Admission To Hospital Question

Discussion in 'Medical Topics' started by Frankmarsh5, Oct 9, 2021.

  1. Tools

    Tools Pre-takeoff checklist

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    Well, you don’t enter HIMS for monitoring to see if you have a problem. You enter AFTER they decide you do.

    The deciding is done with weird standards. Ones that mean and do nothing. They have ZERO even anecdotal proof they have solved anything or made anyone any safer.
     
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  2. Jeff Oslick

    Jeff Oslick En-Route PoA Supporter

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    Even though I believe this is an overstatement of the actual boundaries of occupational medicine, if you insist on using that term it proves the point. Class 3 medicals are not (supposed to be) occupational.
     
  3. bflynn

    bflynn Final Approach

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    As they do with everyone. I didn't have to do testing because they knew I had a problem. For my heart, I presented information that suggested I might and therefore was deemed to be a problem and had to prove otherwise.
     
  4. bflynn

    bflynn Final Approach

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    Citation? Or opinion? I'm not sure the FAA agrees since they only have one system.
     
  5. bflynn

    bflynn Final Approach

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    This is the point you have to get past before you can understand it. The doctors in OKC aren't giving an opinion on your health or acting as your physician. They are detecting possible conditions and applying a set of rules to how an airman can fly given those conditions.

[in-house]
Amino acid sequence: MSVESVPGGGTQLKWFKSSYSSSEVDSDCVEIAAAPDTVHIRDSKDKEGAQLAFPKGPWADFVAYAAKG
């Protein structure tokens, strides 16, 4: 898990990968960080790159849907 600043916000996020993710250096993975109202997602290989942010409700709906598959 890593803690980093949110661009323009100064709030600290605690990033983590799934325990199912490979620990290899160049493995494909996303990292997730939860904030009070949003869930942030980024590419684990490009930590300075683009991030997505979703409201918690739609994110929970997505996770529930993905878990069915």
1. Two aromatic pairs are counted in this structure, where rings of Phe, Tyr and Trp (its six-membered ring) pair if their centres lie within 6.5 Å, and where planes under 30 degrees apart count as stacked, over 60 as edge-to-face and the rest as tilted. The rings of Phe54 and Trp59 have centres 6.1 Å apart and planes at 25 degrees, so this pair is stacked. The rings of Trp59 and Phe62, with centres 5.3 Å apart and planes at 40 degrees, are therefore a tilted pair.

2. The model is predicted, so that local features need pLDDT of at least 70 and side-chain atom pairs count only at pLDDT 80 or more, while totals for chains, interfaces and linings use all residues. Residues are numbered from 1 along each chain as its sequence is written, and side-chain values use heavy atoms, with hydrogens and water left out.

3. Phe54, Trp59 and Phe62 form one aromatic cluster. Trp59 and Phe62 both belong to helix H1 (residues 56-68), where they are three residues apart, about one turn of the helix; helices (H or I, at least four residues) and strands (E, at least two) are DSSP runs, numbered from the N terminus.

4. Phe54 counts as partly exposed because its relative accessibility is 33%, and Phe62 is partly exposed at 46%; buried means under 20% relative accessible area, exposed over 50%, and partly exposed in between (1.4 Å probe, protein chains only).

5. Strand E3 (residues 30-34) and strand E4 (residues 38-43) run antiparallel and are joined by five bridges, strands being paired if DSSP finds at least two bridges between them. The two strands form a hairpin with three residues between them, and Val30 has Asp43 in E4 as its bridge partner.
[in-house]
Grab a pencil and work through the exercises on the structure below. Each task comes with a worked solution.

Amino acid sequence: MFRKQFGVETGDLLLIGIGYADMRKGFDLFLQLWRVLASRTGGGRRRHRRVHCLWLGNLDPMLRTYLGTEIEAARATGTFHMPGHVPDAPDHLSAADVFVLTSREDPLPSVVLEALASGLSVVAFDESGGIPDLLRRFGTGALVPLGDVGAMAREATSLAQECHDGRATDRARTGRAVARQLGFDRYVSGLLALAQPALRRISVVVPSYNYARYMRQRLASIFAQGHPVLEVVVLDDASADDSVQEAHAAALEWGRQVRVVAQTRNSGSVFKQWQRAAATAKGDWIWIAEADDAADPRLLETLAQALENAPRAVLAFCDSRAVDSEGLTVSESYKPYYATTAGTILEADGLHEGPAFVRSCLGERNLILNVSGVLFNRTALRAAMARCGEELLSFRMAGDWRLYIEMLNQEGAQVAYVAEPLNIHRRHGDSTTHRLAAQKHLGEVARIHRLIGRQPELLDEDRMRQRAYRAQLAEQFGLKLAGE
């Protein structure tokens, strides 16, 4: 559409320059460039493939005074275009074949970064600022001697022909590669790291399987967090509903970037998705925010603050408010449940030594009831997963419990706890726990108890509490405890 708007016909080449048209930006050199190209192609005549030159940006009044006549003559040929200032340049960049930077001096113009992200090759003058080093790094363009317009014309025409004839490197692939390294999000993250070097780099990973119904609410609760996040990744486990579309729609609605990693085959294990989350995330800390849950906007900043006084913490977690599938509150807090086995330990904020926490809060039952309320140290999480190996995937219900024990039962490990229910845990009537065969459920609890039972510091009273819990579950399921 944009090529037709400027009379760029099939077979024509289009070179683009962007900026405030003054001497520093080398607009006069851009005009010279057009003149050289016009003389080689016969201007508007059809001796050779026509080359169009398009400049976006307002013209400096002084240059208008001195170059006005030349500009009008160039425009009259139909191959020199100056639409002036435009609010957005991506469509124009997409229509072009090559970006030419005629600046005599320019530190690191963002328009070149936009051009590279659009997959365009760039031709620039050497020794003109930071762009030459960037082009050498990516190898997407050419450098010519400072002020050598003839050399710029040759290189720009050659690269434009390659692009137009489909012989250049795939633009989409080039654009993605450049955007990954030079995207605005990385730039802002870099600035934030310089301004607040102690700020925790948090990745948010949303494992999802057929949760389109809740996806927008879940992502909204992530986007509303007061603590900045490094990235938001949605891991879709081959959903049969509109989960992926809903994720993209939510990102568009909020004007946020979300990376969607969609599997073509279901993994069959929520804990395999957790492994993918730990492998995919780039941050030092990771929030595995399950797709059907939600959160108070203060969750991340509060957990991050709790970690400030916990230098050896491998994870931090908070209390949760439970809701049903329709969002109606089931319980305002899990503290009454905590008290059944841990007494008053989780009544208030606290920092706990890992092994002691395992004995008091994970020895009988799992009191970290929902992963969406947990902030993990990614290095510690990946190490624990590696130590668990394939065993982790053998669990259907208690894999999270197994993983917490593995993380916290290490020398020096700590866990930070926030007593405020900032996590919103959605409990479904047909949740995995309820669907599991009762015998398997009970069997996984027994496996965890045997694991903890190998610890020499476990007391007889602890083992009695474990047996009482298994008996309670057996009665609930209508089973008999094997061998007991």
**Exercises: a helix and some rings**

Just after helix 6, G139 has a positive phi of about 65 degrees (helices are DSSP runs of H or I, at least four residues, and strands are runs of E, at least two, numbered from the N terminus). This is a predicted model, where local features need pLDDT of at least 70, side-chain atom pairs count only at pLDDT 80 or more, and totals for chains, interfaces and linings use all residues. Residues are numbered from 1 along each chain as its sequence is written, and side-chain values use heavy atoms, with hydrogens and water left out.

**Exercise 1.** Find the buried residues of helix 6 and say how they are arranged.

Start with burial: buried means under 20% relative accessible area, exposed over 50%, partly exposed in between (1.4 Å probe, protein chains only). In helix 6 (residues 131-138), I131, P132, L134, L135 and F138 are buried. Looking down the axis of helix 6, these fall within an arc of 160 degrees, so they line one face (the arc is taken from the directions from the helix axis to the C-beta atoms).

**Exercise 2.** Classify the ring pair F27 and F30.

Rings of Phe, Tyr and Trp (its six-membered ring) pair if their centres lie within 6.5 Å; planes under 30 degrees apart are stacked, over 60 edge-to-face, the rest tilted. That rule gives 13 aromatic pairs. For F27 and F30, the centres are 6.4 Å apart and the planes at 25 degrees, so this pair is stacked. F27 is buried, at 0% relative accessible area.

Frequently the rules just require reporting it. Sometimes they need some verification testing; frequently short term, but sometimes very long term for behavioral issues. When testing is needed, it's the responsibility of the airman to perform the testing and send in reports. Rarely, the decision is completely grounding pilots from flying at all.

    That's the system. If you're still stuck on the idea that OCK is talking about your health, then you're not going to understand it.
     
  6. Jeff Oslick

    Jeff Oslick En-Route PoA Supporter

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    The issue is, the methods they are using to detect these possible conditions do not conform to current professional standards. This is a regulatory decision FAA Aeromedical docs made without any such directive from Congress.